For webmasters who do not have the luxury of using a WYSIWYG text editor to publish posts, Texty as mentioned on Techcrunch comes in real handy providing a way for anyone to use a rich text editor to create dynamic content.
One of the best features found within most dynamic content management systems is the text editor used to write articles. These text editors give users an abundant amount of options while providing an ease of use factor, allowing virtually anyone to style, format and configure articles without having to know HTML. With that being said, there are still a ton of static websites that are being used today which require users to edit the page within a text editor of their choice such as Dreamweaver or CoffeeCup, require HTML knowledge to create, and last but not least, an FTP connection for uploading those pages to your site. Texty aims to eliminate most of these mundane processes.
The Signup Process:
This is one of the more simpler account creation routines, or at least thats what I initially thought. Type in an email address, along with your preferred password. Once you do that, the Texty editor appears on the left allowing you to create your first Texty.
One of the annoying things that I discovered while trying to create an account is when I pressed the SIGN IN button after I typed in my email address and preferred password, which continuously loaded the TEXTY home page, telling me I have entered an invalid email address and or password. I then proceeded to try and create a Texty thinking that this was the correct way of creating an account, but the page would just reload with an empty text editor after I would press on the CREATE TEXTY button. After trying a few different options to create my account, I finally noticed that I was seeing two different home pages.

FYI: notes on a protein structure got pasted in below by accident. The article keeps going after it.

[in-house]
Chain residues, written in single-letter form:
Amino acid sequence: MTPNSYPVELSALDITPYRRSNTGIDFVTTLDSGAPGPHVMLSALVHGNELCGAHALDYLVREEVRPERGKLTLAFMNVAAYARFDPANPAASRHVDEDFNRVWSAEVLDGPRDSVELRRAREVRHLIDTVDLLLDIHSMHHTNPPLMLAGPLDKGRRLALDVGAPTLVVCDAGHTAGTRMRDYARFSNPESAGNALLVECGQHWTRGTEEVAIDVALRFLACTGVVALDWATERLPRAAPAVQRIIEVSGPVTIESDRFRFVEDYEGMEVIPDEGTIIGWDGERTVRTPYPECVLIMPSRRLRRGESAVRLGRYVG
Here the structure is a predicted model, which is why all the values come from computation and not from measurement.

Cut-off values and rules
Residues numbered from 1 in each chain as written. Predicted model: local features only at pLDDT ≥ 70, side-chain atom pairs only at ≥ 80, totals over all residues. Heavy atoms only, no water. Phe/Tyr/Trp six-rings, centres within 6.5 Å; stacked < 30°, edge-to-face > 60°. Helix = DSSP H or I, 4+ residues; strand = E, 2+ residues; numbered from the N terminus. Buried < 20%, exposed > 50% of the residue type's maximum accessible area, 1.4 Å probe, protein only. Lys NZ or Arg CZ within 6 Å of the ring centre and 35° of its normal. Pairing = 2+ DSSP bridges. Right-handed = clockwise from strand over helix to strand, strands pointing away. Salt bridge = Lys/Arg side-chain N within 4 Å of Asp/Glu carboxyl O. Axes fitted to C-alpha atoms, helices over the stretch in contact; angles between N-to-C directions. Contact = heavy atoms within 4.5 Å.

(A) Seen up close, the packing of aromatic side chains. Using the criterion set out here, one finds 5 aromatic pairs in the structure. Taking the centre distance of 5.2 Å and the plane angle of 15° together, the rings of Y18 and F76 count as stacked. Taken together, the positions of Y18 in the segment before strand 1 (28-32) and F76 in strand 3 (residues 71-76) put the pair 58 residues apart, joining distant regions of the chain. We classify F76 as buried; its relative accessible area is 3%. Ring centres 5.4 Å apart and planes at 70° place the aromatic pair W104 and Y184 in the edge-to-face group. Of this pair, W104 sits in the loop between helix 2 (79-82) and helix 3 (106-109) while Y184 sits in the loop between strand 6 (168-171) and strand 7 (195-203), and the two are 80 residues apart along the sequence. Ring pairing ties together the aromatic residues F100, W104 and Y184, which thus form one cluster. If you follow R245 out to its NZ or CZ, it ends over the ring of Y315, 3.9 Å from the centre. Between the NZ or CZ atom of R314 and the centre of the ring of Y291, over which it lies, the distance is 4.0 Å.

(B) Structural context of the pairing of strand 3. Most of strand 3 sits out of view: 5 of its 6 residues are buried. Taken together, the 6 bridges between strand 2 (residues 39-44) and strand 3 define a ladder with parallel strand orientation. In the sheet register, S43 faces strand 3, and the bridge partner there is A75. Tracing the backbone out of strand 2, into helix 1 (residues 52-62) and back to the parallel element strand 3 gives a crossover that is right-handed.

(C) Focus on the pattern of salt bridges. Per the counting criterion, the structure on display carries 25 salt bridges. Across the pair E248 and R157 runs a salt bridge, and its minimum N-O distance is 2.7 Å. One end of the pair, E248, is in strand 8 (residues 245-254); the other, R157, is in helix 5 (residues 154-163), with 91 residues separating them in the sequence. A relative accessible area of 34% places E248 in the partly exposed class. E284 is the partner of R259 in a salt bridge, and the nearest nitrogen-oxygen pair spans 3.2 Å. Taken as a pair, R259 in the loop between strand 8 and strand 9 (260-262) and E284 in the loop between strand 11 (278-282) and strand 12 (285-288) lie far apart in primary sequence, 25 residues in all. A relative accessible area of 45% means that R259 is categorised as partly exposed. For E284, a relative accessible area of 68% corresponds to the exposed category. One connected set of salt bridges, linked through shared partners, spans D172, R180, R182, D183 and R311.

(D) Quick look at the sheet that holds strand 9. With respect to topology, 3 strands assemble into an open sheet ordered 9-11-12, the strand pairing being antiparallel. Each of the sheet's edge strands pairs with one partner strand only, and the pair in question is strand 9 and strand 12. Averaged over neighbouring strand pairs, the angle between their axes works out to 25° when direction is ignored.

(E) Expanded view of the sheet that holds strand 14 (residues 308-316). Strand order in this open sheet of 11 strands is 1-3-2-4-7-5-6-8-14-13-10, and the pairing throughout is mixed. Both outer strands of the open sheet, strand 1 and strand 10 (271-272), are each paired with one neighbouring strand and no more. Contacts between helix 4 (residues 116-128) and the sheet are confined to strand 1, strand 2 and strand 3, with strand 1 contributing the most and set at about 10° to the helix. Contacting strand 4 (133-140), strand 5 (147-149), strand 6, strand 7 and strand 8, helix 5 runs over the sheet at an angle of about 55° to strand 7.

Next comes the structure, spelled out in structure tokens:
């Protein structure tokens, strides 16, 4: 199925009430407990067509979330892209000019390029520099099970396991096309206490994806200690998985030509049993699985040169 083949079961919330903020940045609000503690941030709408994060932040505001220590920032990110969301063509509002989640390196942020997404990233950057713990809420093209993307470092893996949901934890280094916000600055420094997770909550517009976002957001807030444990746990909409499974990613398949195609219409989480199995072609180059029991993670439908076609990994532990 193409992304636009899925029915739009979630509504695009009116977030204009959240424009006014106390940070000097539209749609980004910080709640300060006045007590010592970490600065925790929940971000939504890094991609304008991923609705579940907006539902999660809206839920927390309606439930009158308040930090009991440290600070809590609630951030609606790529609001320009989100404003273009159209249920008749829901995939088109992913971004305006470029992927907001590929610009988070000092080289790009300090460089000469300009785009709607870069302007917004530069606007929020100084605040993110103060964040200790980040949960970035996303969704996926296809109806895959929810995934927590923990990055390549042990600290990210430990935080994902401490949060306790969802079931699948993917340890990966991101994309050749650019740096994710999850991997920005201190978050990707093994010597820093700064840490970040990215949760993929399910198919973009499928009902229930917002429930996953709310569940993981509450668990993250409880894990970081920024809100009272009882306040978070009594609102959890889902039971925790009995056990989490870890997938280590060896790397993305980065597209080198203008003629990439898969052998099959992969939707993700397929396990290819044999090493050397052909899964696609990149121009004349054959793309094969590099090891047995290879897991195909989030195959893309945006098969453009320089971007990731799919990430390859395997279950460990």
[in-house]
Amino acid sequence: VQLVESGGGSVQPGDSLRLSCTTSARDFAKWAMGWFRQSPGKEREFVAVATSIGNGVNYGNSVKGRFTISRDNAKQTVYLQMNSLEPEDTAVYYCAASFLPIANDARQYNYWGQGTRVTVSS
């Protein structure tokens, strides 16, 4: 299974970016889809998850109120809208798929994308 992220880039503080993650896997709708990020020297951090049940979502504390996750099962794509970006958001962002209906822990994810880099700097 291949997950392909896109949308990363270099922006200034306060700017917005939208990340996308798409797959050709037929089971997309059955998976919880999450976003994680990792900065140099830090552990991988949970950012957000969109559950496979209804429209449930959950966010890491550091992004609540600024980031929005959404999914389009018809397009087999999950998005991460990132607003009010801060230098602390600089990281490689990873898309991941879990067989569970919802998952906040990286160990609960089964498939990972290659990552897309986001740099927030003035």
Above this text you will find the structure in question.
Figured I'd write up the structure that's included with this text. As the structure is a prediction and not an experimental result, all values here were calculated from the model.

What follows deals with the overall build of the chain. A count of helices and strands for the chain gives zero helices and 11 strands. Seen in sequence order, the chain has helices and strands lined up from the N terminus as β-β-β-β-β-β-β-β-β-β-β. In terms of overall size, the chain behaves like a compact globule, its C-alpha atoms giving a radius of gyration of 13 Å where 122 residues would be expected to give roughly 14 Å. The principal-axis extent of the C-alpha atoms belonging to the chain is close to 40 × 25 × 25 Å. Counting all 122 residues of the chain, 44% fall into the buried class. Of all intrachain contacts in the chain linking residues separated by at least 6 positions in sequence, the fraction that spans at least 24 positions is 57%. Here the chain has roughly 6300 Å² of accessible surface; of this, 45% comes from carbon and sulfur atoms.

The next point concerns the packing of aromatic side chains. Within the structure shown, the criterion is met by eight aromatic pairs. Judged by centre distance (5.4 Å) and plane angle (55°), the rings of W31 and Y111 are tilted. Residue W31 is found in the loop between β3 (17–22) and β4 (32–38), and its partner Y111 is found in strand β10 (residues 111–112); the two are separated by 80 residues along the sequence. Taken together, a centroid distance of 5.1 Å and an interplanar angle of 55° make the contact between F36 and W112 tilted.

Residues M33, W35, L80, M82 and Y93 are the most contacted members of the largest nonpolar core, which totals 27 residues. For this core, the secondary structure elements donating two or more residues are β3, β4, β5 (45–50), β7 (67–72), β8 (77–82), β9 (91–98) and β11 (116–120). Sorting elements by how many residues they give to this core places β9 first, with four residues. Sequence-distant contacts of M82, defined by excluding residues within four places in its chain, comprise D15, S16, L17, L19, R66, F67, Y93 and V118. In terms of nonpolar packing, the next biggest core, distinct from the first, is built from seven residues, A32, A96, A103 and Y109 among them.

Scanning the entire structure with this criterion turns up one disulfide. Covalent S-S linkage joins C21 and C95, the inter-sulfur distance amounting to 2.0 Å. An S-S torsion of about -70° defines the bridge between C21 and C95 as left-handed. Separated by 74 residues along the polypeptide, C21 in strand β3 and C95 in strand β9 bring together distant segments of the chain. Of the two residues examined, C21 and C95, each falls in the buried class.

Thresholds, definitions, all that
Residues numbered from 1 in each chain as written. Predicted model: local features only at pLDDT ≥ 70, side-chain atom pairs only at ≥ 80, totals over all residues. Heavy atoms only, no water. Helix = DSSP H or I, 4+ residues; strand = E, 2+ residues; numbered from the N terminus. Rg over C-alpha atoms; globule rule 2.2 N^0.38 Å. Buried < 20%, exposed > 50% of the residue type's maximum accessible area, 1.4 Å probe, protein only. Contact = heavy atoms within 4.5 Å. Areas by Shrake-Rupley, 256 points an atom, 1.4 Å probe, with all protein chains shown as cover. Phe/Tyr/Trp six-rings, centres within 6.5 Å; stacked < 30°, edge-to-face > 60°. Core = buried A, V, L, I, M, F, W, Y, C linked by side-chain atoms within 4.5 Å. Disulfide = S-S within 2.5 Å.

One of these pages contained an EMAIL ADDRESS form along with a PASSWORD FORM at the bottom of the page. This was actually the signup area, unlike the login box on the right which I guess is for members who are already registered. After I put my email address with my password into the these two boxes and created my first Texty, my account was finally created.
I wonder if I am the first person to have difficulties creating an account on Texty.com It’s not painfully obvious to a new comer on how to create an account. On the bottom of the Login Box, you’ll see this line of text Setup A New Account By Creating Your First Texty On The Left. I continuously tried to create an account by creating a Texty while leaving the Email Address and Password fields in the login box filled as I didn’t know the exact process of creating an account. I think the folks at Texty.com could benefit from reworking their account creation process as I am positive that, I am not the only one to of had this experience.
After managing to create my account, using Texty was actually straightforward. The idea behind Texty is simple enough. Write as well as format your articles as you would want them to appear on your site, copy and paste the created Texty into your website where you want the article to appear and then use Texty.com to edit that Texty at any time.
Texty contains two options which you would normally only see which a dynamic content management system, these are, Enabling anonymous, administrative comments on your Texties, and Enabling RSS for the specified Texty, allowing people to subscribe to your Texty feed.
While creating my first Texty, I decided to enable both of these features. Each time I did, I was greeted with a big fat however, after creating my Texty, I was able to go into my Texty options and configure the RSS feed along with the ability to comment and place those two features into my Texty. I can’t be too hard on them because after all, it’s BETA!
Aside from these caveats, Texty should appeal to those who want to add a bit of dynamic content to their site without moving to a full blown CMS. I can also see Texty being used as sort of a poor mans blog. If you are going to use Texty, make sure that the content you place on their site is not important and that you can deal with losing it in case Texty disappears.
An Example Of An Embedded Texty With The Commenting And RSS Options Turned On: Please do not leave a comment using this form, this is for display purposes only.
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